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Unformatted text preview: Women are often overlooked in how they add to society. However, they are a crucial part in defining relationships, roles, and families, all which contribute their share to forming a society. In order to understand what distinct part they play, let us first look at Plato's views of women, in which equal chance between the sexes give women the potential to achieve, similar to men. Aristotle, whom we will next look at, believes the contrary, that women are subsidiary to men due to natural characteristics. Let us then look into how both Plato's and Aristotle's views of society are constructed by their apparent beliefs of women. For Plato, gender is such a minute detail that for the most part it can be neglected when compared to the goal of the society. In the just society, women are equal in ability because they have the same opportunity as men. They are given the same upbringing and education (music, poetry, and physical activity). It is unreasonable to think that women's natural abilities should be limited by something arbitrary, like their sex. Women are comprised of the same three desires as men, the appetitive, spirited, and rational, so they are equal in all abilities except physical strength, Plato claims. Thus, it would be likely to have female coworkers. "Various natures are distributed in the same way in both creatures. Women share in every way of life just as men do (Bk V, 455 d-e)." Hence women will have the rightful opportunity to share in every task, including producers, rulers, and guardians, the breakdown of Plato's society. On the contrary, Aristotle firmly believes that women are inferior to men. It is a sociable recognition of a natural fact that men run the households. Women lack the spirited part of the soul, the part that allows them the execution to follow through with their beliefs. And furthermore, women are ruled by emotion rather than reason. Men let the reasonable solution win and act accordingly...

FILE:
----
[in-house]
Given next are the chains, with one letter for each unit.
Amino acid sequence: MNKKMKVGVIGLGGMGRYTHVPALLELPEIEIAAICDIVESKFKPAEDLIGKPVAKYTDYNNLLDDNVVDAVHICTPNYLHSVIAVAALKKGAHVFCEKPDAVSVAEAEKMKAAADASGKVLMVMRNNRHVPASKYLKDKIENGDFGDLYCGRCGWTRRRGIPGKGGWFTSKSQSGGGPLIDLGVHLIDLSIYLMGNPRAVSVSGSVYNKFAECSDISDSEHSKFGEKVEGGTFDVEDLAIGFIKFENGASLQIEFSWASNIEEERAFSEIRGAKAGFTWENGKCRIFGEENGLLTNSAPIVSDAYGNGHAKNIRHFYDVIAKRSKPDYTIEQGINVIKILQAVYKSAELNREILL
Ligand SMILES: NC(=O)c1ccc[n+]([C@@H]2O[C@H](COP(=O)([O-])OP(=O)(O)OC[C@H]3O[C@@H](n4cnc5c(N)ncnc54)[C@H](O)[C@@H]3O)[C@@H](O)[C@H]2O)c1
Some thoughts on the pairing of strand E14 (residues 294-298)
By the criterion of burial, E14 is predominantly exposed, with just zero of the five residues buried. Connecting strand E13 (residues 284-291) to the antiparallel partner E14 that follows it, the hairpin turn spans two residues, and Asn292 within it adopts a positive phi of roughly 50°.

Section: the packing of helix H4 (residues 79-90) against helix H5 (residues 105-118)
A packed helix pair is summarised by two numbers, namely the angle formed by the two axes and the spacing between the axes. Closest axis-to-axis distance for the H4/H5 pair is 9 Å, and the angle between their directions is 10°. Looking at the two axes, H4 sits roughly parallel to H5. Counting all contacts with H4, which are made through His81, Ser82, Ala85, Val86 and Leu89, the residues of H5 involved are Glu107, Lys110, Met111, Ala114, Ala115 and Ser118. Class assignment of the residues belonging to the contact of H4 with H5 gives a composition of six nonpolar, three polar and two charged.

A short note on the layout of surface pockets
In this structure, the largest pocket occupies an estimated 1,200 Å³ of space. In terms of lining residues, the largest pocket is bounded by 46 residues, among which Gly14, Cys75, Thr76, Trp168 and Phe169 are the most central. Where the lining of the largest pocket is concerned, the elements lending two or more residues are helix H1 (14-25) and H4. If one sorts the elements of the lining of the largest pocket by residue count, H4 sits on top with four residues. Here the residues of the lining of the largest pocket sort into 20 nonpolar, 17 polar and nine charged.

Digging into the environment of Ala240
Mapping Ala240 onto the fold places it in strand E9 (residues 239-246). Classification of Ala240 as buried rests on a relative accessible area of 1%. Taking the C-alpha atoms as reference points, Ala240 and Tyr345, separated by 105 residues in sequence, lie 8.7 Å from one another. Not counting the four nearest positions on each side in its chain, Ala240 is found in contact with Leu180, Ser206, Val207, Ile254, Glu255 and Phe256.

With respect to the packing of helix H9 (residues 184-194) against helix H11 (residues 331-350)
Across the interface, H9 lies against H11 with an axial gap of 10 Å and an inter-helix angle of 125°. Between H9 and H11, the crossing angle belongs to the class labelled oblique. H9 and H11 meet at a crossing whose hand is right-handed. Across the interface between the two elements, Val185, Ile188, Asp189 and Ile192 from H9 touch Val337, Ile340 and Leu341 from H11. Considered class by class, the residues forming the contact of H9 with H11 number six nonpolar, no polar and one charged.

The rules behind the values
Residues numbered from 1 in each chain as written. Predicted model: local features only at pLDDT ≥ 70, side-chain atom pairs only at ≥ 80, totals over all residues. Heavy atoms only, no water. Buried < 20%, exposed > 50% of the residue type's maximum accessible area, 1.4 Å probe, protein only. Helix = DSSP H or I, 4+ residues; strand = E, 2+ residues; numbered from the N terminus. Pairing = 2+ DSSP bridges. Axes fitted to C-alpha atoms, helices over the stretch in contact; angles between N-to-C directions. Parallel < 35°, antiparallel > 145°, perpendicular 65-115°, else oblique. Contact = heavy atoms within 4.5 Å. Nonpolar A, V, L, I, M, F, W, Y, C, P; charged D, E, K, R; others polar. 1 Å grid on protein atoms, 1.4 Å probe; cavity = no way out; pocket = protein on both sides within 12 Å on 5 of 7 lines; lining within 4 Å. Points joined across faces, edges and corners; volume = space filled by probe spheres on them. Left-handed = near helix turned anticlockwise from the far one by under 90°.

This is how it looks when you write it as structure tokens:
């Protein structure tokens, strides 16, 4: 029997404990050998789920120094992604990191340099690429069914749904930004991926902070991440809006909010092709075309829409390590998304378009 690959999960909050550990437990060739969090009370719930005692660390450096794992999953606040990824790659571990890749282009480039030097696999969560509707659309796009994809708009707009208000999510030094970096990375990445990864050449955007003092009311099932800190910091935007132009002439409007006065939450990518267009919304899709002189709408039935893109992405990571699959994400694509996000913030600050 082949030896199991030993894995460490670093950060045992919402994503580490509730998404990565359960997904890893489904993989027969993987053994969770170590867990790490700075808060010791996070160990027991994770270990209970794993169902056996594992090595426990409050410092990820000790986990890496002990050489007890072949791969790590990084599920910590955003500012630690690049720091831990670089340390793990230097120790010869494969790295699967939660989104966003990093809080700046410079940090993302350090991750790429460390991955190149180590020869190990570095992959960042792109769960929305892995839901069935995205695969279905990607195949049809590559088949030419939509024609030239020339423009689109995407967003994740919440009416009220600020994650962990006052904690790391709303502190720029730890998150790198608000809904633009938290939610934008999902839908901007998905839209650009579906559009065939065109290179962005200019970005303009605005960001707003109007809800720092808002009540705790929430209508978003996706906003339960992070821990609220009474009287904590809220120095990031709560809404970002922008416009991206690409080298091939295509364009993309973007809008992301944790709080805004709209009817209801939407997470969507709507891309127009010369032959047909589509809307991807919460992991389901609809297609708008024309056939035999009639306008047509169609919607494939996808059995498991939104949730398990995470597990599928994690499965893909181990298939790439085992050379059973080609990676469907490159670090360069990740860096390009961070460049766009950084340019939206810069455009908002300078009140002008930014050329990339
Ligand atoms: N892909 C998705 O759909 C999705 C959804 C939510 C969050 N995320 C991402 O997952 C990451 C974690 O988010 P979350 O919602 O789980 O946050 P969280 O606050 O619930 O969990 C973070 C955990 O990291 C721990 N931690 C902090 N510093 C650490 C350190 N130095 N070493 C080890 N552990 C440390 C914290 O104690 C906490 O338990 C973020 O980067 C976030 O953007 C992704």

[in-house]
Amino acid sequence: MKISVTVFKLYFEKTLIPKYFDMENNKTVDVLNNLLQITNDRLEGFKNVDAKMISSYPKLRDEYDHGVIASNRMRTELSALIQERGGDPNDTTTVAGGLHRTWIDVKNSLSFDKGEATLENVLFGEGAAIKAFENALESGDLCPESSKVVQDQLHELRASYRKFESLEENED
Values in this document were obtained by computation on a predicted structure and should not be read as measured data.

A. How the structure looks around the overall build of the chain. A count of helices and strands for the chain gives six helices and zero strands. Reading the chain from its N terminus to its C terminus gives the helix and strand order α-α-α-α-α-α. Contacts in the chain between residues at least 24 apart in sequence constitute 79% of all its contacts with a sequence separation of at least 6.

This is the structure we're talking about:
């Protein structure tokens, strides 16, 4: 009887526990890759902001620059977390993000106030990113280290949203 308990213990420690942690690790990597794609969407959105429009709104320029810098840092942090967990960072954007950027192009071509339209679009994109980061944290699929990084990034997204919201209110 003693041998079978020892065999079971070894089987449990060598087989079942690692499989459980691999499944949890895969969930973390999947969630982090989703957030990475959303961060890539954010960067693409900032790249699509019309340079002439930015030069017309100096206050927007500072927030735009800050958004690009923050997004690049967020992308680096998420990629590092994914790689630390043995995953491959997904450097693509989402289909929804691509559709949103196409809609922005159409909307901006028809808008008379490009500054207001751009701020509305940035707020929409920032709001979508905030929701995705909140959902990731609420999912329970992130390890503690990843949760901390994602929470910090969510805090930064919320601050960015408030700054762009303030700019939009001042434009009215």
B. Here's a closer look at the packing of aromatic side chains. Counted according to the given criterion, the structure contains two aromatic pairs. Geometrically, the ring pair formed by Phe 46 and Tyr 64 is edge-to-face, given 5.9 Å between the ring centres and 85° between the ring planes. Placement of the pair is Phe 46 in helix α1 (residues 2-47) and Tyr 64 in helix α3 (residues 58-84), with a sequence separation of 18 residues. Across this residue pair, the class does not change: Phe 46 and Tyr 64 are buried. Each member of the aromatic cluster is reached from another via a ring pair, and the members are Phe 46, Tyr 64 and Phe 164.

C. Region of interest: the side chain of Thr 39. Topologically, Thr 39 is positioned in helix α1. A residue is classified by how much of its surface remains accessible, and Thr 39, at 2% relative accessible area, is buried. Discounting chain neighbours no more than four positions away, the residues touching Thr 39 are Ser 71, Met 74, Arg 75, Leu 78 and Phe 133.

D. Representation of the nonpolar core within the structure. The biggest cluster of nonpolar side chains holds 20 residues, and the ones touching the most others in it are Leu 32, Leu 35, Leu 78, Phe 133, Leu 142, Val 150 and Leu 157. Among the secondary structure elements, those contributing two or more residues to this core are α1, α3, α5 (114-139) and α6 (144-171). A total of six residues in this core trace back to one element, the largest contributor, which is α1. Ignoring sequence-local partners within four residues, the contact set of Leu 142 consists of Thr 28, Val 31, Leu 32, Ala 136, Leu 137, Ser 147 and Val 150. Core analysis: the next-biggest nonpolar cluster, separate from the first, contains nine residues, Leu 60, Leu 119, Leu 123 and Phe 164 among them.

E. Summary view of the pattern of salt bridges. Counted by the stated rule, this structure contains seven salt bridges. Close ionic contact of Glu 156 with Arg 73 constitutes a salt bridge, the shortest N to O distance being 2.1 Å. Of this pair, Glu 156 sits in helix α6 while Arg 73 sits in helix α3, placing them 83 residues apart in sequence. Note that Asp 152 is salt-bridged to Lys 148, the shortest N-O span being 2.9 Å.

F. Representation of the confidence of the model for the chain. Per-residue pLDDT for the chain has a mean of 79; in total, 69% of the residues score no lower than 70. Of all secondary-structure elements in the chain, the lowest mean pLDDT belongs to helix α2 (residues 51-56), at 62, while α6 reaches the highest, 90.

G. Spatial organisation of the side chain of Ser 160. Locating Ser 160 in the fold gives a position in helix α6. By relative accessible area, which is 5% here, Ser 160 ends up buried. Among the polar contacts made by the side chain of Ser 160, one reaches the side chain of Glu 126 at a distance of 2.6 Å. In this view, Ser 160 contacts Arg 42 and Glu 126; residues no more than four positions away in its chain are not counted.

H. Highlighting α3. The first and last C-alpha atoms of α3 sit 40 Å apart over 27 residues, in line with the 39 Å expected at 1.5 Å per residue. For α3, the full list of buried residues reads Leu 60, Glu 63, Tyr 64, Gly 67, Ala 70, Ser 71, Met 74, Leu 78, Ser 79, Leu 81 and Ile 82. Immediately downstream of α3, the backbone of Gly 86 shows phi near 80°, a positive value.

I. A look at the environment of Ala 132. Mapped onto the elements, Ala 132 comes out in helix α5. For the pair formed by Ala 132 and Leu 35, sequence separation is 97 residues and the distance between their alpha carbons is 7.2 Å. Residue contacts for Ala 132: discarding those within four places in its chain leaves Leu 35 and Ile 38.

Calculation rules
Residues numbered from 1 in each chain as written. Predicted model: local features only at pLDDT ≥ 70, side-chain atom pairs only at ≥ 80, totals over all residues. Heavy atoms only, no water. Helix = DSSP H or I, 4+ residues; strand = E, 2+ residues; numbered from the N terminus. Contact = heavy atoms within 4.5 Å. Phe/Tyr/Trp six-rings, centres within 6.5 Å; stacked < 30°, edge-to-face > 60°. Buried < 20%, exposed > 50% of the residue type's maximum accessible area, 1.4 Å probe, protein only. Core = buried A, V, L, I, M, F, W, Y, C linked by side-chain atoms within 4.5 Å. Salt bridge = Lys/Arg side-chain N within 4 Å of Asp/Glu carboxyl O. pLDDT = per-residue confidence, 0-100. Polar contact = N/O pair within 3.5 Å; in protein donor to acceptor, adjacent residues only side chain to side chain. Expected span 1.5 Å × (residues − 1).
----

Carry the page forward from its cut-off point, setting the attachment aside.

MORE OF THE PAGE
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This note was uploaded on 11/23/2010 for the course SPEECH 101 taught by Professor Ray during the Spring '08 term at CUNY City.
- Spring '08